In a cli­mate in which there is wide­spread un­hap­pi­ness with con­tin­ued black eco­nomic ex­clu­sion, agree­ing to a change which would change noth­ing was an ob­vi­ous re­sponse. This is par­tic­u­larly so be­cause the change is un­likely to hap­pen any­time soon.

In pri­vate dis­cus­sions, ANC eco­nomic pol­i­cy­mak­ers note that the money needed to buy out the pri­vate share­hold­ers of the Re­serve Bank is not avail­able. And so this may be one of many gov­ern­ing party res­o­lu­tions – in all democ­ra­cies – which are never im­ple­mented be­cause they pose prac­ti­cal dif­fi­cul­ties.

The ter­tiary ed­u­ca­tion change may be im­ple­mented, at least for a year. It has proved hugely con­tro­ver­sial and may cre­ate headaches for uni­ver­si­ties and col­leges be­cause it has not been care­fully costed and planned. But it is no change to ANC or gov­ern­ment pol­icy.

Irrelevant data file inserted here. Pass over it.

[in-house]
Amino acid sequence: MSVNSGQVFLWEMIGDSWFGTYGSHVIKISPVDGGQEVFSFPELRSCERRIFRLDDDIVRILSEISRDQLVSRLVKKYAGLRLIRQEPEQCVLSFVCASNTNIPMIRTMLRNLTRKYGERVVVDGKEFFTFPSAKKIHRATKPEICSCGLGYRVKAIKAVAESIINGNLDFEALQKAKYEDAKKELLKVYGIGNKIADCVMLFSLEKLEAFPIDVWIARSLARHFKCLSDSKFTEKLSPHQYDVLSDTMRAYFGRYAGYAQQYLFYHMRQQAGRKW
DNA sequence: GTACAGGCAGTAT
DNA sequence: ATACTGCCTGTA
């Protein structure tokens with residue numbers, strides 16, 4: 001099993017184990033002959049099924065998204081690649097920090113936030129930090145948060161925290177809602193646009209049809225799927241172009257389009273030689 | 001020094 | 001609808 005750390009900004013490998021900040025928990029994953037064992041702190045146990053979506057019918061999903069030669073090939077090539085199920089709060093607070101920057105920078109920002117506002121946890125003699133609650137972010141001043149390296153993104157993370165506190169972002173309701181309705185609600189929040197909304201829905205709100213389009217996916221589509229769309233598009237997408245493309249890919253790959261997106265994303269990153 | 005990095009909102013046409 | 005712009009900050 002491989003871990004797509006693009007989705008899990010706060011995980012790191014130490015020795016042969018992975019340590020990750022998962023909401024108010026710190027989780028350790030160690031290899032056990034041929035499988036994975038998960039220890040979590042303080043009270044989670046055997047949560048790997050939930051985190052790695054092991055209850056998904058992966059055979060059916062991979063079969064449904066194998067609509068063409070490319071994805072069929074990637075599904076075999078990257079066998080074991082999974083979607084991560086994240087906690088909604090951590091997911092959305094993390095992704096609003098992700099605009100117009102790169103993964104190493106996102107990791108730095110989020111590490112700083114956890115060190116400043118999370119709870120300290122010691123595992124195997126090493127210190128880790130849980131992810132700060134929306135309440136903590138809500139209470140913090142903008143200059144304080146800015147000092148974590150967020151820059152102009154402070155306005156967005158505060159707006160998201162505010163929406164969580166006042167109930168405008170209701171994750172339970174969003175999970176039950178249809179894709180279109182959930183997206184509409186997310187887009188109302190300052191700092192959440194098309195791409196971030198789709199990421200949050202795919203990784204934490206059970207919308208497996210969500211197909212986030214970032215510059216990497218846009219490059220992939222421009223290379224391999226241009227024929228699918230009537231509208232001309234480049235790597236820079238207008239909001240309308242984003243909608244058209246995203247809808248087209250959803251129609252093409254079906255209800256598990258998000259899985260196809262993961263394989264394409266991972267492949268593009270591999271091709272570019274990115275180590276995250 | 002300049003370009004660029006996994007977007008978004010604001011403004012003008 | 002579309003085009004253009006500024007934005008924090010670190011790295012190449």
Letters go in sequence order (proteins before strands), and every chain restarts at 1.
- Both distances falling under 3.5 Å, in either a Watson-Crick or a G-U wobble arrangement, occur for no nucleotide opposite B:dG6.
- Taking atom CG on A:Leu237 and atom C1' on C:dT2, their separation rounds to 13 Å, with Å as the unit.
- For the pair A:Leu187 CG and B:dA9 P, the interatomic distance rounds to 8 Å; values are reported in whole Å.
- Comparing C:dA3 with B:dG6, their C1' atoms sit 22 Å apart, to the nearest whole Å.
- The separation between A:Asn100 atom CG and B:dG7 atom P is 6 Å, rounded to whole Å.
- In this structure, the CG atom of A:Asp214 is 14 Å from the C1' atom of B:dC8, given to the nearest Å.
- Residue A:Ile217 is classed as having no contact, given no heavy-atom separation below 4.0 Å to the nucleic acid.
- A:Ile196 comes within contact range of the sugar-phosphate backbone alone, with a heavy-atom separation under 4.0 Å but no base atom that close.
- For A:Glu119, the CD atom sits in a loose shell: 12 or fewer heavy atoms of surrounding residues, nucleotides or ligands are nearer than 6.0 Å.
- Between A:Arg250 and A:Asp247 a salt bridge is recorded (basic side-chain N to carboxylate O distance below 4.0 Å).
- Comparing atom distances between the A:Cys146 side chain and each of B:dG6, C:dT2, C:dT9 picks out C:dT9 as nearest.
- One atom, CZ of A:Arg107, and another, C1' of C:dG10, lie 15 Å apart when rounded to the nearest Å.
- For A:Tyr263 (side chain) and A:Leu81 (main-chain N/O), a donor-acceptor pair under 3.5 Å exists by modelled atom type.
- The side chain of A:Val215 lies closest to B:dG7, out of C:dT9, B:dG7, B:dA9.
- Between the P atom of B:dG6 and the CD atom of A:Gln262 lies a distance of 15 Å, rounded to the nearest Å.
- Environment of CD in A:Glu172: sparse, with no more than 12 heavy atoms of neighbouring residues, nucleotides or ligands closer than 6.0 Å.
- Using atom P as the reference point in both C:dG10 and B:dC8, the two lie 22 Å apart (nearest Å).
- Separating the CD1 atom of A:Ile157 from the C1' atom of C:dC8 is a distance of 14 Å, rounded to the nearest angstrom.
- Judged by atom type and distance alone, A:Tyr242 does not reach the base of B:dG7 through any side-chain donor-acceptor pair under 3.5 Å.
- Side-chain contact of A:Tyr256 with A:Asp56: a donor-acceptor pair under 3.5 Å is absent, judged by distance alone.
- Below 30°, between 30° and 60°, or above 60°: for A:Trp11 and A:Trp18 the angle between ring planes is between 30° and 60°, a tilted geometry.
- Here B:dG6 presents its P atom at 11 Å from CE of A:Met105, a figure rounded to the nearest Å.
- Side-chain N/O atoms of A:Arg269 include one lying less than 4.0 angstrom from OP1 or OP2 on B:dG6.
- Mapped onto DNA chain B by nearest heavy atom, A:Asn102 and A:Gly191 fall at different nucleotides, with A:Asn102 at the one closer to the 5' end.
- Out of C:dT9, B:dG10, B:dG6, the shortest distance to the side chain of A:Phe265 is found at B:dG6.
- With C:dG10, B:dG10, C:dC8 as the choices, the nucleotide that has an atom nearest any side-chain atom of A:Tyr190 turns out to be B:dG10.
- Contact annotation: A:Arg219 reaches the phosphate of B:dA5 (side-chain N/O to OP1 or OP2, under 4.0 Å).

Zuma’s an­nounce­ment is re­peat­edly de­scribed as an agree­ment to free higher ed­u­ca­tion, but it isn’t. It doesn’t ap­ply to all stu­dents – only to those who are “poor and work­ing class” – any­one whose house­hold in­come is be­low R350 000 a year.

That stu­dents who can­not af­ford higher ed­u­ca­tion should not pay for it is al­ready gov­ern­ment and ANC pol­icy, which is why the con­fer­ence did not see a need to en­dorse the an­nounce­ment – it sim­ply urged that it be im­ple­mented quickly. It is also ac­cepted by just about ev­ery­one con­cerned about fair­ness in ed­u­ca­tion. It is very different to the de­mand that all higher ed­u­ca­tion be free, as those who can af­ford to pay will still be charged fees.

It is not clear whether prac­ti­cal­i­ties will al­low Zuma’s an­nounce­ment to be im­ple­mented in full. But, even if it is, this is no shift to the left.

So the ANC has not emerged from the con­fer­ence as a more “rad­i­cal” party. Its eco­nomic pol­icy res­o­lu­tions re­main within the frame­work which has gov­erned its think­ing for years.